BARE DENIALS AND VAGUE COUNTERCLAIMS – WHAT OPTIONS DOES A PLAINTIFF HAVE?
A plaintiff pursuing a debt claim arising from a construction project can often expect to receive a response denying the debt, as well as a counterclaim involving vague allegations of entitlement against the plaintiff. These pleadings may be intended to delay and frustrate the resolution of the debt claim, intimidate the plaintiff, or both. While understandably frustrating to the plaintiff, such responses and counterclaims often fail to comply with the Supreme Court Civil Rules and may be struck out. This is an important consideration for not only the plaintiff, but also a defendant who has a legitimate defence or counterclaim.
The Supreme Court Civil Rules govern the content of pleadings in an action in the Supreme Court of British Columbia. Both a response to civil claim and a counterclaim are pleadings that must comply with the Rules. Among other things, the Rules require a defendant to concisely set out its version of the disputed facts. There are no exceptions to this rule. Failure to comply may result in the response being struck out, although an opportunity to amend is generally allowed.
In Royal Bank of Canada v Pisani, 2014 BCSC 761, the defendant filed a response to civil claim that made a bare denial of the allegations against her. On application by the plaintiff, the Court struck out the response and granted judgment to the plaintiff.
The counterclaims that frequently accompany responses to debt claims often involve vague allegations of wrongdoing by the plaintiff. Commonly, an engineer, architect or contractor suing for unpaid amounts is met with a counterclaim for breach of contract and negligence which alleges project delays and the presence of vaguely described defects and deficiencies in the subject project. Occasionally, these counterclaims are not limited to the plaintiff, but include other related parties, such as corporate directors, officers and professionals who worked on a project.
In Anenda Systems Inc. v AL13 Systems Inc., 2020 BCSC 2077, the defendant in a $600,000 debt claim filed a response to civil claim that made a bare denial of the allegations against it. Additionally, it filed a counterclaim seeking more than $7,000,000 on account of numerous allegations of wrongdoing, including fraud, trademark infringements, breach of contract and conspiracy.
The Court found that the response to civil claim was not compliant with the Rules and struck it out entirely, with leave to amend. With respect to the counterclaim, in addition to finding that it was not compliant with the Rules, the Court held that it should be heard as a separate action, since it would unduly complicate, delay and otherwise inconvenience the resolution of the debt claim.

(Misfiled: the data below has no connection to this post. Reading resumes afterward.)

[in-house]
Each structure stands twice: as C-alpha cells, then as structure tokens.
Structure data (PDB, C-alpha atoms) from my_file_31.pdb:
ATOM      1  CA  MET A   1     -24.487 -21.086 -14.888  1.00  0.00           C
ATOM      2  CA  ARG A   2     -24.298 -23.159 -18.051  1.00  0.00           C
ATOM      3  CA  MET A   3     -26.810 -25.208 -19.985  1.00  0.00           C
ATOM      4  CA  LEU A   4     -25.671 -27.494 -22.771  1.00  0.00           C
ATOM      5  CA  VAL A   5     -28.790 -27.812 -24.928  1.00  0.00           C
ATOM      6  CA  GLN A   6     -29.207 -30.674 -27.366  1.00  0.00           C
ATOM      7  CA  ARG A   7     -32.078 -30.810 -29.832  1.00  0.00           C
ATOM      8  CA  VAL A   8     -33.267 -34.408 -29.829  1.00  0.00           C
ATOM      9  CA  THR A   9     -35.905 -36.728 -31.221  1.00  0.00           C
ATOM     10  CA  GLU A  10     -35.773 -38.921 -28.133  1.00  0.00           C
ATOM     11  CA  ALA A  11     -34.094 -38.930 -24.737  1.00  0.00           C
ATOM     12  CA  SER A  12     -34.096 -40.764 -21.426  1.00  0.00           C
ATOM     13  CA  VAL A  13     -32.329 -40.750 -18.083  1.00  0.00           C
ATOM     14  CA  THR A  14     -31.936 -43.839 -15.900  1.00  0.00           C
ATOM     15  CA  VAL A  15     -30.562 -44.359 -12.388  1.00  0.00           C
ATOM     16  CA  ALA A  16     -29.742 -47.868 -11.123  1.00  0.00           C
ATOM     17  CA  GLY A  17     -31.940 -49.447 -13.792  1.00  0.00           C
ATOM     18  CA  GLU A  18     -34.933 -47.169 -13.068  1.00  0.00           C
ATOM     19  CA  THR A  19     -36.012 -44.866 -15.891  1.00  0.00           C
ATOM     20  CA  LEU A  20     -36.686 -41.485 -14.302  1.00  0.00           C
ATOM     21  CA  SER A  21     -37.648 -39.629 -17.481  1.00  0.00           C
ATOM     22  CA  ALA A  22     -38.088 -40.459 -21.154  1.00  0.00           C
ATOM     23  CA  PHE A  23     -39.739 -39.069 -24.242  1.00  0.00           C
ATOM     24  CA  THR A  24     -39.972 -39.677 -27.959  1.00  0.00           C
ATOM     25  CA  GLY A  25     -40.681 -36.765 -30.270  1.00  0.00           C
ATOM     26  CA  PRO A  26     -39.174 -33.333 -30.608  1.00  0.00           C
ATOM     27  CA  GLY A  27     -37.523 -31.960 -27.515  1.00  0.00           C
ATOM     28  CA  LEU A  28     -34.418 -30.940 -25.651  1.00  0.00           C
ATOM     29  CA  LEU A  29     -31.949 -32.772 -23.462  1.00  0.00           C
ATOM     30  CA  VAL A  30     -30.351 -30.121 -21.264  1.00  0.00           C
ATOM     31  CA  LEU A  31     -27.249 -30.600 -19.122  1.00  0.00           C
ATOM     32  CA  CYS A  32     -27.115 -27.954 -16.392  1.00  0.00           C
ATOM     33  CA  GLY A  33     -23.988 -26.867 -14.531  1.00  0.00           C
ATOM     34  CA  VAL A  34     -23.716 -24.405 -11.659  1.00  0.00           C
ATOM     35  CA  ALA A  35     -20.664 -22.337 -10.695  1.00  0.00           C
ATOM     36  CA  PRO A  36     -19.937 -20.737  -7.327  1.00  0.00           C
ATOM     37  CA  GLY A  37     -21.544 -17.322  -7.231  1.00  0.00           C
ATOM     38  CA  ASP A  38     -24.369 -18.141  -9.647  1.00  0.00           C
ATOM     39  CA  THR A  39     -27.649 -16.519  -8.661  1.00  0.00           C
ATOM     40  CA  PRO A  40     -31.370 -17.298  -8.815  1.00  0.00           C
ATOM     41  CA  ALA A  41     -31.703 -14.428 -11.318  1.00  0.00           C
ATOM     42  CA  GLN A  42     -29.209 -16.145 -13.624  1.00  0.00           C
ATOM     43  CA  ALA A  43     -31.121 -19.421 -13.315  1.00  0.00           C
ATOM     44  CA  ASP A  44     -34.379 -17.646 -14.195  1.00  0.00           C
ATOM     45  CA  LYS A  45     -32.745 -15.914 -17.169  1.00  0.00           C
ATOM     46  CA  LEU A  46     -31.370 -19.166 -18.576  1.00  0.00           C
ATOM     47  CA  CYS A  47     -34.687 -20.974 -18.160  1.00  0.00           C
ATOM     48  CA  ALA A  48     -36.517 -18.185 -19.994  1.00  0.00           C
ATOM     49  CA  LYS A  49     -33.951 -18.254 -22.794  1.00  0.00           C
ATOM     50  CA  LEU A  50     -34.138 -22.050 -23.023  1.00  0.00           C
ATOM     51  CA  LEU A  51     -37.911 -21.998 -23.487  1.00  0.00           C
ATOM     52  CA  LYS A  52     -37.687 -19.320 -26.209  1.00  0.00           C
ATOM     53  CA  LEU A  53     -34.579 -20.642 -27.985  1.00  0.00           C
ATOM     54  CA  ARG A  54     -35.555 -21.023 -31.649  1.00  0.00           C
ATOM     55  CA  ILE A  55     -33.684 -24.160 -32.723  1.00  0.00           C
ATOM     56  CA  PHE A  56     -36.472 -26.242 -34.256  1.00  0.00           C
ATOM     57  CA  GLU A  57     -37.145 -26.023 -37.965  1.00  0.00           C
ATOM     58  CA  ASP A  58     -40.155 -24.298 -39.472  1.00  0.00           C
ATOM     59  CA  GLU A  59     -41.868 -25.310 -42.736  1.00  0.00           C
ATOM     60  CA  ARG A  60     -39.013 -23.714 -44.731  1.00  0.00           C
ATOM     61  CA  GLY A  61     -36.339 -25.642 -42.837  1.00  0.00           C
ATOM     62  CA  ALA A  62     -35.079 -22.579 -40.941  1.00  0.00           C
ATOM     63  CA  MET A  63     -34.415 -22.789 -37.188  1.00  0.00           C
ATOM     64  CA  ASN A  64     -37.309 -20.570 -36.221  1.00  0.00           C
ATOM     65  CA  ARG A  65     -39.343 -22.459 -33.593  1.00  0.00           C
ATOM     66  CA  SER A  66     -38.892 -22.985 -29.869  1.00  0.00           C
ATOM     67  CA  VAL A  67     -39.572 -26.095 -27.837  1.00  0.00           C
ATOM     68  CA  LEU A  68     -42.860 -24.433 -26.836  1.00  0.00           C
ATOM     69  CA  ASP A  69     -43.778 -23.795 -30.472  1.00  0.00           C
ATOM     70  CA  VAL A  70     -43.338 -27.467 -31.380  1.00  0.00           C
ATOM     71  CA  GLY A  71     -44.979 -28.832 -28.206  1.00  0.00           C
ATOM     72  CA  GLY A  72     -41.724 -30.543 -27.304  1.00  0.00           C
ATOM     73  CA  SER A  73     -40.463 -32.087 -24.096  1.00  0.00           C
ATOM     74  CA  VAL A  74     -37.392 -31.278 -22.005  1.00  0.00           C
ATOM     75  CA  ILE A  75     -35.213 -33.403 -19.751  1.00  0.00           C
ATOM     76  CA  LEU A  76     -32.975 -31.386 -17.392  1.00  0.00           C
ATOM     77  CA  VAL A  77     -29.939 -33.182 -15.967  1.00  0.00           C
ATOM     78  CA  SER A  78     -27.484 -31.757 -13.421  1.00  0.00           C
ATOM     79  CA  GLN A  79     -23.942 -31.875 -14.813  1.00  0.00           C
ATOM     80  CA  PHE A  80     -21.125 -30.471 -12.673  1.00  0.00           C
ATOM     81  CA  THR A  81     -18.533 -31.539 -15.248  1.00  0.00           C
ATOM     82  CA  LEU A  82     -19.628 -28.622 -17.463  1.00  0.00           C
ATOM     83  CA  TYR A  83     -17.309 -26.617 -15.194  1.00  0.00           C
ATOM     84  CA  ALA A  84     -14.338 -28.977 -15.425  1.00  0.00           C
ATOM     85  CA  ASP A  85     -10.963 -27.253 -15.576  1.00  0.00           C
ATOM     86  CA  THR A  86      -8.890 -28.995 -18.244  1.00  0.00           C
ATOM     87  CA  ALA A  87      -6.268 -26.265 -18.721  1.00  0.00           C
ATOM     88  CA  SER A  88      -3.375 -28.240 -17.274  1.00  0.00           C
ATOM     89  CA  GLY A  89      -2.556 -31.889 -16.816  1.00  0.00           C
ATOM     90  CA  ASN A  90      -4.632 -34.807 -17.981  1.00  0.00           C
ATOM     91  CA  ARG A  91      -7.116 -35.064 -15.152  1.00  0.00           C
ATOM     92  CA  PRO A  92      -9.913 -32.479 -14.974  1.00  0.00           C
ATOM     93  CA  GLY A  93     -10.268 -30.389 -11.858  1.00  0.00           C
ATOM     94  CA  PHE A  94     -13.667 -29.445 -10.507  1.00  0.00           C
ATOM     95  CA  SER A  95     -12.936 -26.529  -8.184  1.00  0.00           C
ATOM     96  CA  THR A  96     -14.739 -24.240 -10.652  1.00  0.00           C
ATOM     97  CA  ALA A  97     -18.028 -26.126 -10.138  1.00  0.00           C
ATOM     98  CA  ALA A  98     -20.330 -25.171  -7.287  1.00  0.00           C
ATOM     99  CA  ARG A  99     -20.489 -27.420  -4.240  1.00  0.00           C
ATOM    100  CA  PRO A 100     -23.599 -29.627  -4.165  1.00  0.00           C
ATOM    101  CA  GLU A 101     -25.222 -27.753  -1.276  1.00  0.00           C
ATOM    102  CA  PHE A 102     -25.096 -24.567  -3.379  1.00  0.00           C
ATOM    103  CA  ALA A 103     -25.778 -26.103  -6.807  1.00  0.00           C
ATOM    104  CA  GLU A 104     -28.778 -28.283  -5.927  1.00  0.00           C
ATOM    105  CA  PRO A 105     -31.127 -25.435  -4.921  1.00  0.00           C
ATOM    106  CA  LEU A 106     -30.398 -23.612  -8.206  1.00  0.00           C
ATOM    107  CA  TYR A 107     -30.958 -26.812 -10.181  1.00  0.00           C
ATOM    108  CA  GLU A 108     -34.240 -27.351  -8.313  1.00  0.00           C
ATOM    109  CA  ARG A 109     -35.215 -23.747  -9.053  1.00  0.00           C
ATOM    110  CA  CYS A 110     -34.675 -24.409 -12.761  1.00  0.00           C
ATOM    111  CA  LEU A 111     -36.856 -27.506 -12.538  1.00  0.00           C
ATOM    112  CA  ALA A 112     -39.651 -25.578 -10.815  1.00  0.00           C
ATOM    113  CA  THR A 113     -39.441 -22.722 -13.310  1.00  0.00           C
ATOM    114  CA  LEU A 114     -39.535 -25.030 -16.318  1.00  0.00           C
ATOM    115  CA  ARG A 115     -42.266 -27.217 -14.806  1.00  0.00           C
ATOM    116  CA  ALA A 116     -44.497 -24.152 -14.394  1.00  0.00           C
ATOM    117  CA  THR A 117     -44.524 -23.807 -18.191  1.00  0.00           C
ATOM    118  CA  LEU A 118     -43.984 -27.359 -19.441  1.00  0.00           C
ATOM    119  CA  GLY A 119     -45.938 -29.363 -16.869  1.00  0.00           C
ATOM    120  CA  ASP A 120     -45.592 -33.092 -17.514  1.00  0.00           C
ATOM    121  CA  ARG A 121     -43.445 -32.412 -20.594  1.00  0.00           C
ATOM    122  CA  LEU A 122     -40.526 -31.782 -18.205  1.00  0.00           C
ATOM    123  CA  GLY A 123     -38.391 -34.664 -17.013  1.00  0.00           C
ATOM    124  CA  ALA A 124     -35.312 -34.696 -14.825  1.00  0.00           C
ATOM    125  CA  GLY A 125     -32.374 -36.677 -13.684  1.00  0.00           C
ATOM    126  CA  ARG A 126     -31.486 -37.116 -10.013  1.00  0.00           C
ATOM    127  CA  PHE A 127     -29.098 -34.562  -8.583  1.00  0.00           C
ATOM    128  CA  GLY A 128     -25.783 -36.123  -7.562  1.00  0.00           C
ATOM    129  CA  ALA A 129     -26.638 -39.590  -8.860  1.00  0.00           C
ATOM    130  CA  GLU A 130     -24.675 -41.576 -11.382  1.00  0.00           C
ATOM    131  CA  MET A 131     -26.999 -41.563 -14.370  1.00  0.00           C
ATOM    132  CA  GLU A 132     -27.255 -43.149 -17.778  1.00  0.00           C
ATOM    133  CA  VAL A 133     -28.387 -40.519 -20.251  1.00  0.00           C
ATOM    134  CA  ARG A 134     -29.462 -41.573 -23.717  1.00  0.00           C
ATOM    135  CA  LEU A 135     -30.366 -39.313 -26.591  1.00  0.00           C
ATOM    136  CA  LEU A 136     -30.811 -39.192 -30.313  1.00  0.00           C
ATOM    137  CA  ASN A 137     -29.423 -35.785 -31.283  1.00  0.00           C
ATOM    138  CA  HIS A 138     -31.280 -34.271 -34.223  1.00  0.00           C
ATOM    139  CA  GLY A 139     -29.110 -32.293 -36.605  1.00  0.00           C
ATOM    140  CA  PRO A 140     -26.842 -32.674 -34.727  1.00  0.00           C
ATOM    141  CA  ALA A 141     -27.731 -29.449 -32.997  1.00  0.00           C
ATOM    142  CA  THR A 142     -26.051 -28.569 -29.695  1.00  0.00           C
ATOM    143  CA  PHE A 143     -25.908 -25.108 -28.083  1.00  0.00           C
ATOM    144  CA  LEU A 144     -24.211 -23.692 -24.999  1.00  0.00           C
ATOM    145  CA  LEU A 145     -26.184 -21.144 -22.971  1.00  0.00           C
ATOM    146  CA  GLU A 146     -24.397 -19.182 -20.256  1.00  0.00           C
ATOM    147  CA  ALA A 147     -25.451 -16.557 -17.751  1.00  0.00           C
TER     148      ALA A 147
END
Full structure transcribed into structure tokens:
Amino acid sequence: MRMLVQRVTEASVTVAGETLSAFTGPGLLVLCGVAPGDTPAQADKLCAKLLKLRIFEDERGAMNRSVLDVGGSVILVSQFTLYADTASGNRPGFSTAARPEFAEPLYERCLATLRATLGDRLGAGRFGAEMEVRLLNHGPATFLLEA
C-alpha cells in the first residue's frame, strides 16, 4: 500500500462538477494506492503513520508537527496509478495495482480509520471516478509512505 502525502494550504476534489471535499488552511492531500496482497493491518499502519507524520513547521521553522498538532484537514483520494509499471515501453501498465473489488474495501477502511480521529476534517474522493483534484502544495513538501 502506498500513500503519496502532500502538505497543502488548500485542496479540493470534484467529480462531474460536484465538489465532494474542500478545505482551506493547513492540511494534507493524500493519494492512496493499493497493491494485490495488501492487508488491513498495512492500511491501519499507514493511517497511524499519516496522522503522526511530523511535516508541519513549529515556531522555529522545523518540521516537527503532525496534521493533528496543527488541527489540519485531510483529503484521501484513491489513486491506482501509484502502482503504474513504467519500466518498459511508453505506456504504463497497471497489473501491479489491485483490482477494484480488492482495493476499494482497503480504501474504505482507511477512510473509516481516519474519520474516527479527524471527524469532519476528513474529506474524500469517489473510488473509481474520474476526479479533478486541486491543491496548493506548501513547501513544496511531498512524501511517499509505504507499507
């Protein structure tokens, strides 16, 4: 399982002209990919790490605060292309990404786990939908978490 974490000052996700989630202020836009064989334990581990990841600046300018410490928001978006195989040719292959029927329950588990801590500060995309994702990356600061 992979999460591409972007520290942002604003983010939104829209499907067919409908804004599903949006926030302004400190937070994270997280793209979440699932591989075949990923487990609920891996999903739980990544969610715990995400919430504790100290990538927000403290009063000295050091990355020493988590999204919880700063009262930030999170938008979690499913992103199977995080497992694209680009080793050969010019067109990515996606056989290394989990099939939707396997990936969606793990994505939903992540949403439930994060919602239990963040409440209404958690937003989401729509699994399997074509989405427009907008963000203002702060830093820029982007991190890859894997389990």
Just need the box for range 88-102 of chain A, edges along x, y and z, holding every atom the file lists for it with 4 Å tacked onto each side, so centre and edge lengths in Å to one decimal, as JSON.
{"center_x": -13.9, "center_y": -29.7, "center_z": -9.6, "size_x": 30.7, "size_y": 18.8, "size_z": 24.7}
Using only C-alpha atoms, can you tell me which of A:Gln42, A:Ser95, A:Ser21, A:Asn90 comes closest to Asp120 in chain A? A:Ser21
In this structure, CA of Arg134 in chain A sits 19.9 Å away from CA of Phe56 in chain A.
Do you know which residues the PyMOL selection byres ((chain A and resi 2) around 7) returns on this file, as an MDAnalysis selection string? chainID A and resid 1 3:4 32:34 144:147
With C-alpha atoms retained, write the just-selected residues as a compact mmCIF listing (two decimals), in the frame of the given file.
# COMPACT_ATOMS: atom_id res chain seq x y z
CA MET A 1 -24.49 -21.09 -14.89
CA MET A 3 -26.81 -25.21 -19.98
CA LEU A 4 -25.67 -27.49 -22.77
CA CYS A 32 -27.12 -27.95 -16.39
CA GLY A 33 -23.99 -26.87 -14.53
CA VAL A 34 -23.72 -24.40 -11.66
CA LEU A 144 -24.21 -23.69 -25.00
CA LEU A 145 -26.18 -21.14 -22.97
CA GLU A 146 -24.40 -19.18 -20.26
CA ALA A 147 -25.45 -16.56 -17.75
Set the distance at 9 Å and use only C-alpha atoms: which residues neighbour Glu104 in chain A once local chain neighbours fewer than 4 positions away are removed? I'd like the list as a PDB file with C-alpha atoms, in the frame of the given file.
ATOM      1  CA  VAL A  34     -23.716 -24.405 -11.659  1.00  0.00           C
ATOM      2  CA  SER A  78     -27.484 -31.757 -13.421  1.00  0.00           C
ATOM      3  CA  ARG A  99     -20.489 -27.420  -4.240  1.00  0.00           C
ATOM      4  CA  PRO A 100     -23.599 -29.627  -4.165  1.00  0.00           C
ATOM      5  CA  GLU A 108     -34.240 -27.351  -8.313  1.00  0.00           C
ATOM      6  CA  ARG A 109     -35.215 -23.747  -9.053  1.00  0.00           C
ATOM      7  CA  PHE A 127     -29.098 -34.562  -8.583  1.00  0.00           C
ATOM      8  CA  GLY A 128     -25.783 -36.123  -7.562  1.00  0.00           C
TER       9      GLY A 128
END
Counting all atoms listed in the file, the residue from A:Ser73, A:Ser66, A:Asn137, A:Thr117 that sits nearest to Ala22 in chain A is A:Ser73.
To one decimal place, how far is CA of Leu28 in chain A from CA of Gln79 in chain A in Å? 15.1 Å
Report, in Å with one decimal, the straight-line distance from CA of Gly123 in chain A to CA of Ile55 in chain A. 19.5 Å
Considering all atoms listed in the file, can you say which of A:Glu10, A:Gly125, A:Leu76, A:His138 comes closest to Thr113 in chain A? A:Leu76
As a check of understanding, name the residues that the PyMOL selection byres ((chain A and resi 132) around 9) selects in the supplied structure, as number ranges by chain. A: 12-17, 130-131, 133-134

An additional option available to a plaintiff is a demand for particulars. This allows the plaintiff to require that the defendant provide further information about its response or counterclaim. If the defendant does not respond, the plaintiff can apply to the Court to compel a response.
Although bare denials and vague counterclaims are frustrating, plaintiffs are not left without options. A plaintiff faced with these pleadings should consider the following questions:
- are the pleadings, in whole or in part, in contravention of the Rules;
- should particulars be sought; and
- might the Court order the counterclaim to be heard separately?
If the answer to any of these questions is “yes,” the plaintiff should pursue an appropriate remedy. Occasionally, this can be resolved by making a demand to the defendant to come into compliance with the Rules. Otherwise, the plaintiff will have to seek a remedy from the Court.
This article addresses just some of the potential options available to a plaintiff in these circumstances. Plaintiffs should seek legal advice regarding their specific circumstances and available options.
While this article addresses options available to a plaintiff, the information is equally important to a defendant in a debt action who has a legitimate defence or counterclaim. If a defendant fails to comply with the Supreme Court Civil Rules, it risks the Court making an order against it.